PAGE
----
Described as a “true Texas size sewer bore,” John Wright Construction undertook a job in Buffalo, Texas, that was initially specified to be done using auger boring. However, the contractor came up with a different plan to get the job done.
John Wright Construction tried a little-used method where they drilled the pilot bore on grade using a Vermeer D24x40 Series II Drill, along with the recently released DigiTrak F2 locator, and would pull the open end steel pipe with a reamer as far as possible, and then support the installation using a push rig (auger rig) in the exit pit.
John Wright Construction relied on the accuracy of the new DigiTrak F2 locator from Digital Control Inc. (DCI) to drill 800 ft beneath a busy stretch of Interstate 45 running between Dallas and Houston, with depths to 44 ft and a difficult .34 percent grade. Using a 22-in. reamer to pull 18-in. OD steel pipe with a very rigid 0.375 wall, Wright said, “I know the pilot bore was very straight on line and grade because the push force on my dry bore rig was only 500 psi on a max force possible of 6,000 psi. That 0.375-in. wall pipe is very stiff and if there were any bellies or curves, the dry bore rig would have reacted.”
Wright was able to pull the product pipe 200 ft with just the drill rig and then added the extra coordinated push from the push rig. According to Vermeer’s Brian Van Arman, they made it to the last 40 ft before the drill rig could pull no more and they lost natural returns through the pipe, never installing any augers. They were able to dig up the pipe at the edge of the service road, disconnect the reamer and drill rig and complete the installation by pushing the pipe in. They then cleaned out the pipe using the augers.
This particular bore is worth noting because while the sewer work for horizontal directional drilling (HDD) is increasing, at the same time, there is debate as to whether HDD is accurate enough. Based on the success of Wright’s bore in Buffalo, Texas, the driller is confident in his plan to attempt two more difficult grade bores beneath highways.
DCI has been promoting the use of HDD for sewer bores for more than 15 years, and the DigiTrak F2 locating system, newly released in 2009, is the latest validation of improved tracking capabilities specifically for sewer grade bores.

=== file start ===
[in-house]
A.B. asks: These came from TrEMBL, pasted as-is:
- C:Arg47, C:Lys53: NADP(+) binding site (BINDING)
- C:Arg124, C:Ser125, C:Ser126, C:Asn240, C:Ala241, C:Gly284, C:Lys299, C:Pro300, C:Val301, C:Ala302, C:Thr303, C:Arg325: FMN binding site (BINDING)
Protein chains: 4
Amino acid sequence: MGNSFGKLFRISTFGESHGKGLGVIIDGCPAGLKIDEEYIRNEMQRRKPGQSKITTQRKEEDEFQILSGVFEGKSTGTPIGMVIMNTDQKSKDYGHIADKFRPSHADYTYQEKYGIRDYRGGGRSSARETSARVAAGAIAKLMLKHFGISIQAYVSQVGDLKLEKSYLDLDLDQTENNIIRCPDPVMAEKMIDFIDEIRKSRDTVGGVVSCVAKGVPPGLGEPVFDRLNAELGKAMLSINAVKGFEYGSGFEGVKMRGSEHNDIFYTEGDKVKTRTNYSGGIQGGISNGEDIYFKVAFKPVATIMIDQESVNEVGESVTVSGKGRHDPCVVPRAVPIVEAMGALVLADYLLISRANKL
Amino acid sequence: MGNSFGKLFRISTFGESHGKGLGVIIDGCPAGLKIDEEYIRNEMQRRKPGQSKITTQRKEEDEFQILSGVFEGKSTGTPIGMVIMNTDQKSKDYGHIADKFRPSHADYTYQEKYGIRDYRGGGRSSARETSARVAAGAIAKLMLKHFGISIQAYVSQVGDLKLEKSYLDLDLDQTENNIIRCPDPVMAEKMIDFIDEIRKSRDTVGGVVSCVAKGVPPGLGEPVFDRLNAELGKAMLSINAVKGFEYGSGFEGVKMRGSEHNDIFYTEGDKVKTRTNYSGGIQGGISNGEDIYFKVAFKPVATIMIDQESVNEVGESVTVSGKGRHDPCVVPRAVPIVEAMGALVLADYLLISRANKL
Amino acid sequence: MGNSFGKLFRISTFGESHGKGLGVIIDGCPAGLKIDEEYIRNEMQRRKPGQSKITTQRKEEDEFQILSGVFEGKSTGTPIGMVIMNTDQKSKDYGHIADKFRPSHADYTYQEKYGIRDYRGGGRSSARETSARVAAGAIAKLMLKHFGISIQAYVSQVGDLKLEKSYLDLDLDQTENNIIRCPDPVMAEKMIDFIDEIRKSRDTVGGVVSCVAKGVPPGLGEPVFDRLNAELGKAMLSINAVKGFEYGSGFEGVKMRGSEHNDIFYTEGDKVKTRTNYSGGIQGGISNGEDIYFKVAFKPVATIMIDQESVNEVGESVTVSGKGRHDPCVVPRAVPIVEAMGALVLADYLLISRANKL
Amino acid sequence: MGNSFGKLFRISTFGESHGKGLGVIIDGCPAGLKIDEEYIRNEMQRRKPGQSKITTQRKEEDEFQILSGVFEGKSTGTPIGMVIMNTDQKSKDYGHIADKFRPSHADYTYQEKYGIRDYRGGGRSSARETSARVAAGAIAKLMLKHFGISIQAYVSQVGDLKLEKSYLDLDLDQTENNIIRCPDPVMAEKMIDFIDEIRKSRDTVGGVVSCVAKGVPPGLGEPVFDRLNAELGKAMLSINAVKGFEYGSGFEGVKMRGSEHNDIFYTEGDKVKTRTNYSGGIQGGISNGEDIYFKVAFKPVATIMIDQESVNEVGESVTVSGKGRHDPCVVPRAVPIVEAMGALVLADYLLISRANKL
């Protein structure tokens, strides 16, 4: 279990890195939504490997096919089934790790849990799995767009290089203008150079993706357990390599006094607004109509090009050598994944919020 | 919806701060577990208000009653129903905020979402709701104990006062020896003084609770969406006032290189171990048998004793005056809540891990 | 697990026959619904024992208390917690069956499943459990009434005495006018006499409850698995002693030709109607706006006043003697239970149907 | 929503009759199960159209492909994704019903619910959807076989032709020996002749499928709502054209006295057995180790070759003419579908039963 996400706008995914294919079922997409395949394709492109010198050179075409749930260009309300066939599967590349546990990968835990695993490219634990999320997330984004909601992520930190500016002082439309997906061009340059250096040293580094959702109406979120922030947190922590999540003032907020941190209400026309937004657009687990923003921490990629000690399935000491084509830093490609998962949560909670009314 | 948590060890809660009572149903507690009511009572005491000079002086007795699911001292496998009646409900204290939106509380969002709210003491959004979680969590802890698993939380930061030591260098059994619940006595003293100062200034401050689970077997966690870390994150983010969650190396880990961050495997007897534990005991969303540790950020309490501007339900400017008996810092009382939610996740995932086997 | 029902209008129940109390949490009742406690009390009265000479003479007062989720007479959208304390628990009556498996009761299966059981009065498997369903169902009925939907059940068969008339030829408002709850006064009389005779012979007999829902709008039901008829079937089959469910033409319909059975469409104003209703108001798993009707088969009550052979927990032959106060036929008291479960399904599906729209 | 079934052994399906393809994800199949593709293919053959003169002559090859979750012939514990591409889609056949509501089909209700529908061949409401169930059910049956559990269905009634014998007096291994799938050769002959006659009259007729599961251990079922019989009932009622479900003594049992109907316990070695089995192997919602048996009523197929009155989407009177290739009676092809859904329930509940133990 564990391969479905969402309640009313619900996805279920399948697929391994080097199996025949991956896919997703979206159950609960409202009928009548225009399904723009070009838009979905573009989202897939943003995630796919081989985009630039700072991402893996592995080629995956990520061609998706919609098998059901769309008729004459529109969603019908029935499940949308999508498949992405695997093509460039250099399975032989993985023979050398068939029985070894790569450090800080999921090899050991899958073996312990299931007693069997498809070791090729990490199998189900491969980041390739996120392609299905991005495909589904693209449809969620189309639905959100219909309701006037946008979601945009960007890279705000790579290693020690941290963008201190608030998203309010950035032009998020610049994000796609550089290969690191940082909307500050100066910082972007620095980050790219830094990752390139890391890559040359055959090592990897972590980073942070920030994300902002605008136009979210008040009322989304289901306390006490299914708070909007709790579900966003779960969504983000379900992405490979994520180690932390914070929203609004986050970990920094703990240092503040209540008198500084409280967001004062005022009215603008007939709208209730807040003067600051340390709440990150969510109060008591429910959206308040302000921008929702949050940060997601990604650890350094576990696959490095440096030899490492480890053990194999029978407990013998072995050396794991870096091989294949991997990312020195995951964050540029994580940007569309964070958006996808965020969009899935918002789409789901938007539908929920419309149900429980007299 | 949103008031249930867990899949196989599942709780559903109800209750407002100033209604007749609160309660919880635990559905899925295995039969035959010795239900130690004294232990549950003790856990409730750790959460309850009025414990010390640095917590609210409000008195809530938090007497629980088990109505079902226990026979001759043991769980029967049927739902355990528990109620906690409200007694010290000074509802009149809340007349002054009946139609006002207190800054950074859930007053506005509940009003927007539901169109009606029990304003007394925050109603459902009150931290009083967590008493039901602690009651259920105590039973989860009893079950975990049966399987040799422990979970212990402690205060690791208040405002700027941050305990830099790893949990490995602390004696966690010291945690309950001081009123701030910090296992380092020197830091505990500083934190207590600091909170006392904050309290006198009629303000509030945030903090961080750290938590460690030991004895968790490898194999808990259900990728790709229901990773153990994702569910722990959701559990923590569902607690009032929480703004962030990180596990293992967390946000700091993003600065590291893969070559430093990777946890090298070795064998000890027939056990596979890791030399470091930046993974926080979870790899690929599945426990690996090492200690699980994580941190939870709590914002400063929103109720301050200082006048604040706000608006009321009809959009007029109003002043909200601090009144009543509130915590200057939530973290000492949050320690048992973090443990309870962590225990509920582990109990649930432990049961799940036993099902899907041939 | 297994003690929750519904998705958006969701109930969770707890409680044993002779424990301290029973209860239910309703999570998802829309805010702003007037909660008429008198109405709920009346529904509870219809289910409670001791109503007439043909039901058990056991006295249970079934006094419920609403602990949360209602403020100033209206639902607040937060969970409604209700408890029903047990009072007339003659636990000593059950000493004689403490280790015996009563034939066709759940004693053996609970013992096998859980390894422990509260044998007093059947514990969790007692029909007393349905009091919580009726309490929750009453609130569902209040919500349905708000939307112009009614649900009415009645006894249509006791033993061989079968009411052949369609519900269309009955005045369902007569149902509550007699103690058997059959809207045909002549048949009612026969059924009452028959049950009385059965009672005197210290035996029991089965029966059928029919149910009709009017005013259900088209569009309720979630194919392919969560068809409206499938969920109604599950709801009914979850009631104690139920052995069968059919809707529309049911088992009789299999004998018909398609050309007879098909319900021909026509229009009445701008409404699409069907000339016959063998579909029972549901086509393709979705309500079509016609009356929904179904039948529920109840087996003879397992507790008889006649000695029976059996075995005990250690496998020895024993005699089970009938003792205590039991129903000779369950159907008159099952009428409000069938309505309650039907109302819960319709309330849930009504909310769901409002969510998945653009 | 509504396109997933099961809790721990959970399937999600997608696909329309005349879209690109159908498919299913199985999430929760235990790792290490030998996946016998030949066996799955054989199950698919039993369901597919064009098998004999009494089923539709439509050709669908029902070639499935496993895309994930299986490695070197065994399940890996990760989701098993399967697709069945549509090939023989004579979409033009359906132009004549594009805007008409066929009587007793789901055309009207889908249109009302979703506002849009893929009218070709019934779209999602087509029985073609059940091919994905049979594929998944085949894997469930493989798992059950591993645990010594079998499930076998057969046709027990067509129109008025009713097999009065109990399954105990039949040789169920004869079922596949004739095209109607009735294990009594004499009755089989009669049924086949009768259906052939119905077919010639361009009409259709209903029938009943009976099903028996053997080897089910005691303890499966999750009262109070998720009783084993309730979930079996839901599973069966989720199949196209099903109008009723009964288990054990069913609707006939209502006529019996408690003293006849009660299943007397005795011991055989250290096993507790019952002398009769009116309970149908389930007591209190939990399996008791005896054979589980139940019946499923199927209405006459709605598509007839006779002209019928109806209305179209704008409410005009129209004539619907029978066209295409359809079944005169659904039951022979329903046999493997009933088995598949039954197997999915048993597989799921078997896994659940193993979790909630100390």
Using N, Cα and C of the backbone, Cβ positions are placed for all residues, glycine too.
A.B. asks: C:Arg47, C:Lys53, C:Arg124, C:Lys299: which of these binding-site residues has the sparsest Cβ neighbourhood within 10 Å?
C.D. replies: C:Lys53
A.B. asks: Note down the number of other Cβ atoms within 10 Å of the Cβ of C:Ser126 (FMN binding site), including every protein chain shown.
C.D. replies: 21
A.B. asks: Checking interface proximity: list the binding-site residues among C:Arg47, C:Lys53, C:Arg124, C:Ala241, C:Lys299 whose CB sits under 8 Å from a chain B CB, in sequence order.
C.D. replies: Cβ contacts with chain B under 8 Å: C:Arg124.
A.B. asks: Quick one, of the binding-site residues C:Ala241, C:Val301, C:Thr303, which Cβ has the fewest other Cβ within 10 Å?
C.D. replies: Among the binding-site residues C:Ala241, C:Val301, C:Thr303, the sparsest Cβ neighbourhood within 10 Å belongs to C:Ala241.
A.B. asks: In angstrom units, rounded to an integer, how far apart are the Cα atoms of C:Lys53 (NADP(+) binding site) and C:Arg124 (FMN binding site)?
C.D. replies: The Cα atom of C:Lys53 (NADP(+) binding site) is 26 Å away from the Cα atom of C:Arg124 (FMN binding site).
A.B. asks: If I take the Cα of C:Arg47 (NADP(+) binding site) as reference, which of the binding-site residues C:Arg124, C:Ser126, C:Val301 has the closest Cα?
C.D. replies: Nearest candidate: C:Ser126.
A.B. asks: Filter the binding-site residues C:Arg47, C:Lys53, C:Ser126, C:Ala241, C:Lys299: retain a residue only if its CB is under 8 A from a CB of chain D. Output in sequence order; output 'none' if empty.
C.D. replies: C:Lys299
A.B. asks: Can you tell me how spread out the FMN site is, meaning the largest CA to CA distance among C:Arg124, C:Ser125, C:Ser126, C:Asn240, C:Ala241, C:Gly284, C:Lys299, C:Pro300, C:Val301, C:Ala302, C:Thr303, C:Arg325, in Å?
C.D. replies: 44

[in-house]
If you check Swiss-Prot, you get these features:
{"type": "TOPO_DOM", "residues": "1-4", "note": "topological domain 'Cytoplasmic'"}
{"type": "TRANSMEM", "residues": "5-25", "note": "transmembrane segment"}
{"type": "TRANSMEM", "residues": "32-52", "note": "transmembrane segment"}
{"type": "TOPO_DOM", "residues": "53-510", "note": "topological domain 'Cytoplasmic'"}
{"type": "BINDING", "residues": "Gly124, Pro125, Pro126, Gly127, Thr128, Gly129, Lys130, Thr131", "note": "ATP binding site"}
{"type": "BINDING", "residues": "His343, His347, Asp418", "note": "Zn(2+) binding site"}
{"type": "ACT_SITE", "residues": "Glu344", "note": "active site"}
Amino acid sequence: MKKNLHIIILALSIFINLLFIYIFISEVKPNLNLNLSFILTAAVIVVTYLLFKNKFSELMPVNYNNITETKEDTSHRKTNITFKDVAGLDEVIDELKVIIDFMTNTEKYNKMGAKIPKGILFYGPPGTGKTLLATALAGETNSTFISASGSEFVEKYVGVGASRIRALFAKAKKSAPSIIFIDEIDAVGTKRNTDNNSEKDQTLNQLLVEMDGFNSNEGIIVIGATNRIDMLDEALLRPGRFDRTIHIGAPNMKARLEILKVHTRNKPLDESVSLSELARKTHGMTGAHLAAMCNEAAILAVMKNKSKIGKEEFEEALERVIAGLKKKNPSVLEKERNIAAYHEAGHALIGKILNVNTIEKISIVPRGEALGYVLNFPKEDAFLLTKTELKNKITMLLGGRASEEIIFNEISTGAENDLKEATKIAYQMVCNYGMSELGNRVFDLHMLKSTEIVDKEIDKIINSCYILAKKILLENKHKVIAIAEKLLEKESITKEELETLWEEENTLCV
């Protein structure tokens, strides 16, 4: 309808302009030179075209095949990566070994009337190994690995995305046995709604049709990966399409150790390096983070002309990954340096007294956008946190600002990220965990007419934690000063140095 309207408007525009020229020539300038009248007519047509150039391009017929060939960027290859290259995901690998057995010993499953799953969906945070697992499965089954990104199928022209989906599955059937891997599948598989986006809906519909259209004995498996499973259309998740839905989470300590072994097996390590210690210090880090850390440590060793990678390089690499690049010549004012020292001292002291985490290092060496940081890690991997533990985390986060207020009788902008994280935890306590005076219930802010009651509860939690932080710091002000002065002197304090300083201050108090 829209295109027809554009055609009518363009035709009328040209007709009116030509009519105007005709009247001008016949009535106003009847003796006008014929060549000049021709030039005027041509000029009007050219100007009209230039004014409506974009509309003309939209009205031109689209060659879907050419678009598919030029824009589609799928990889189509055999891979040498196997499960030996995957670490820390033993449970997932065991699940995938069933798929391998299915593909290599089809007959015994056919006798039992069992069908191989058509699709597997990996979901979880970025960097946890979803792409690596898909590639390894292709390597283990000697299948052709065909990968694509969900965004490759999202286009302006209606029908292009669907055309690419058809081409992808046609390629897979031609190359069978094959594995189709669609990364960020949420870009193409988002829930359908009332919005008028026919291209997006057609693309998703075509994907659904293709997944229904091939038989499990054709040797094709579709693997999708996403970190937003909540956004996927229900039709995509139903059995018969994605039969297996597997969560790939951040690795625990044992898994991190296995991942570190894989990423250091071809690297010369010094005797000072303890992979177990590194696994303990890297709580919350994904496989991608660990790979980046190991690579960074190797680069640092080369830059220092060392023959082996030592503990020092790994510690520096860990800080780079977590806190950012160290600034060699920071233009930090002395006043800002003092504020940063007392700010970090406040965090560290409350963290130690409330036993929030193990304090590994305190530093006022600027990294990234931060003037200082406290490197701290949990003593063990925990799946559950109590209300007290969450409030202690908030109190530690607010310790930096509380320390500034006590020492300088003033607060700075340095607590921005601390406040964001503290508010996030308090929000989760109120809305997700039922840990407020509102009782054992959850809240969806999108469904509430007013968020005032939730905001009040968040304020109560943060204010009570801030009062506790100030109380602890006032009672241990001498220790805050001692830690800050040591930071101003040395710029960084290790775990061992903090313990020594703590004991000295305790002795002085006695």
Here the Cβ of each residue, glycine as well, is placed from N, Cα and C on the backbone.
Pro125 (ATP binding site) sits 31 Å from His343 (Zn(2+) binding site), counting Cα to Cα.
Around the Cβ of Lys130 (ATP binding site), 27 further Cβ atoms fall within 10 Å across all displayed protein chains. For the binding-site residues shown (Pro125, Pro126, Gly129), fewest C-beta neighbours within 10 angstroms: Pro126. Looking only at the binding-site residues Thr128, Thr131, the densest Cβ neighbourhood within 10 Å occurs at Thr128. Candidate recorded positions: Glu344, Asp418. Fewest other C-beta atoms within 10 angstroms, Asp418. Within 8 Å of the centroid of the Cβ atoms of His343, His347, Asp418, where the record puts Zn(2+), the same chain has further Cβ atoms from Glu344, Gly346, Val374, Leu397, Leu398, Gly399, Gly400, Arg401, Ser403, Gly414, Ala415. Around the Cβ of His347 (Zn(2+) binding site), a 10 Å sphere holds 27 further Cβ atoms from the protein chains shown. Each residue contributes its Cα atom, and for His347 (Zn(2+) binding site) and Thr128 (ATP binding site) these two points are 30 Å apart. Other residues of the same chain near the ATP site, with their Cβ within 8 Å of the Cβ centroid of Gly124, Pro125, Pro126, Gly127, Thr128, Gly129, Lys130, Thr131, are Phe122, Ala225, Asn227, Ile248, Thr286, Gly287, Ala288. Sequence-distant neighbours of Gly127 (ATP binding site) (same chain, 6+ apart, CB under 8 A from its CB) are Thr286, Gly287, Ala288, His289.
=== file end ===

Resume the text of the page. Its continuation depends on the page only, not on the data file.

According to DCI regional field manager Craig Caswell, there are three critical components for conducting successful sewer bores: first, accurate pitch; second, precise locates for line; and the third is extremely accurate depths. DCI recommends that sewer bores be controlled initially based on pitch, but then depth along the bore determines the need for slight adjustments to the pitch to maintain perfect grade.
“The claimed accuracy of DCI locators of +/-5 percent absolute would bring to question the ability to conduct an accurate sewer bore,” says Caswell, “but using specific techniques and safeguards, one can be assured the accuracy can be spot on.”
Surveying an exact depth directly off the drill head at the first grade station, and matching this depth to the locator is a “first safe guard.” It is necessary to maintain the specified and confirmed pitch reading along the bore and verify that the depths match surveyed depths along the bore path. If the pitch is maintained and the depths are matching to the inch, it is a confirmation that everything is perfect.
While one can typically expect with HDD that maintaining perfect grade at all times is difficult, therefore, once a depth begins to vary from the initially prescribed depth, slight adjustments to pitch must be made to maintain the surveyed depths — accurate depths and locates are critical.
The Buffalo, Texas, bore beneath Interstate 45 was originally intended to be below and parallel to a large diameter reinforced box culvert drain. This would have been impossible to get accurate locates or depths due to the metal interference. John Wright Construction was able to arrange for the bore line to be moved 20 ft to the side of the culvert, allowing accurate depths and locate findings. Crossing the reinforced concrete freeway also caused some inaccurate depths and locates, but since these were predictable and shorter distances, it was possible to maintain grade based merely on pitch and make corrections upon crossing the concrete.
“With years of HDD experience, locating the bore path can be the easy part,” said Caswell. “Pulling the larger diameter product over long distances to precise grades approaching level is the part where contractor experience like John Wright is a necessity that cannot be overlooked.”
Diane Galante is a technical writer for Digital Control Inc.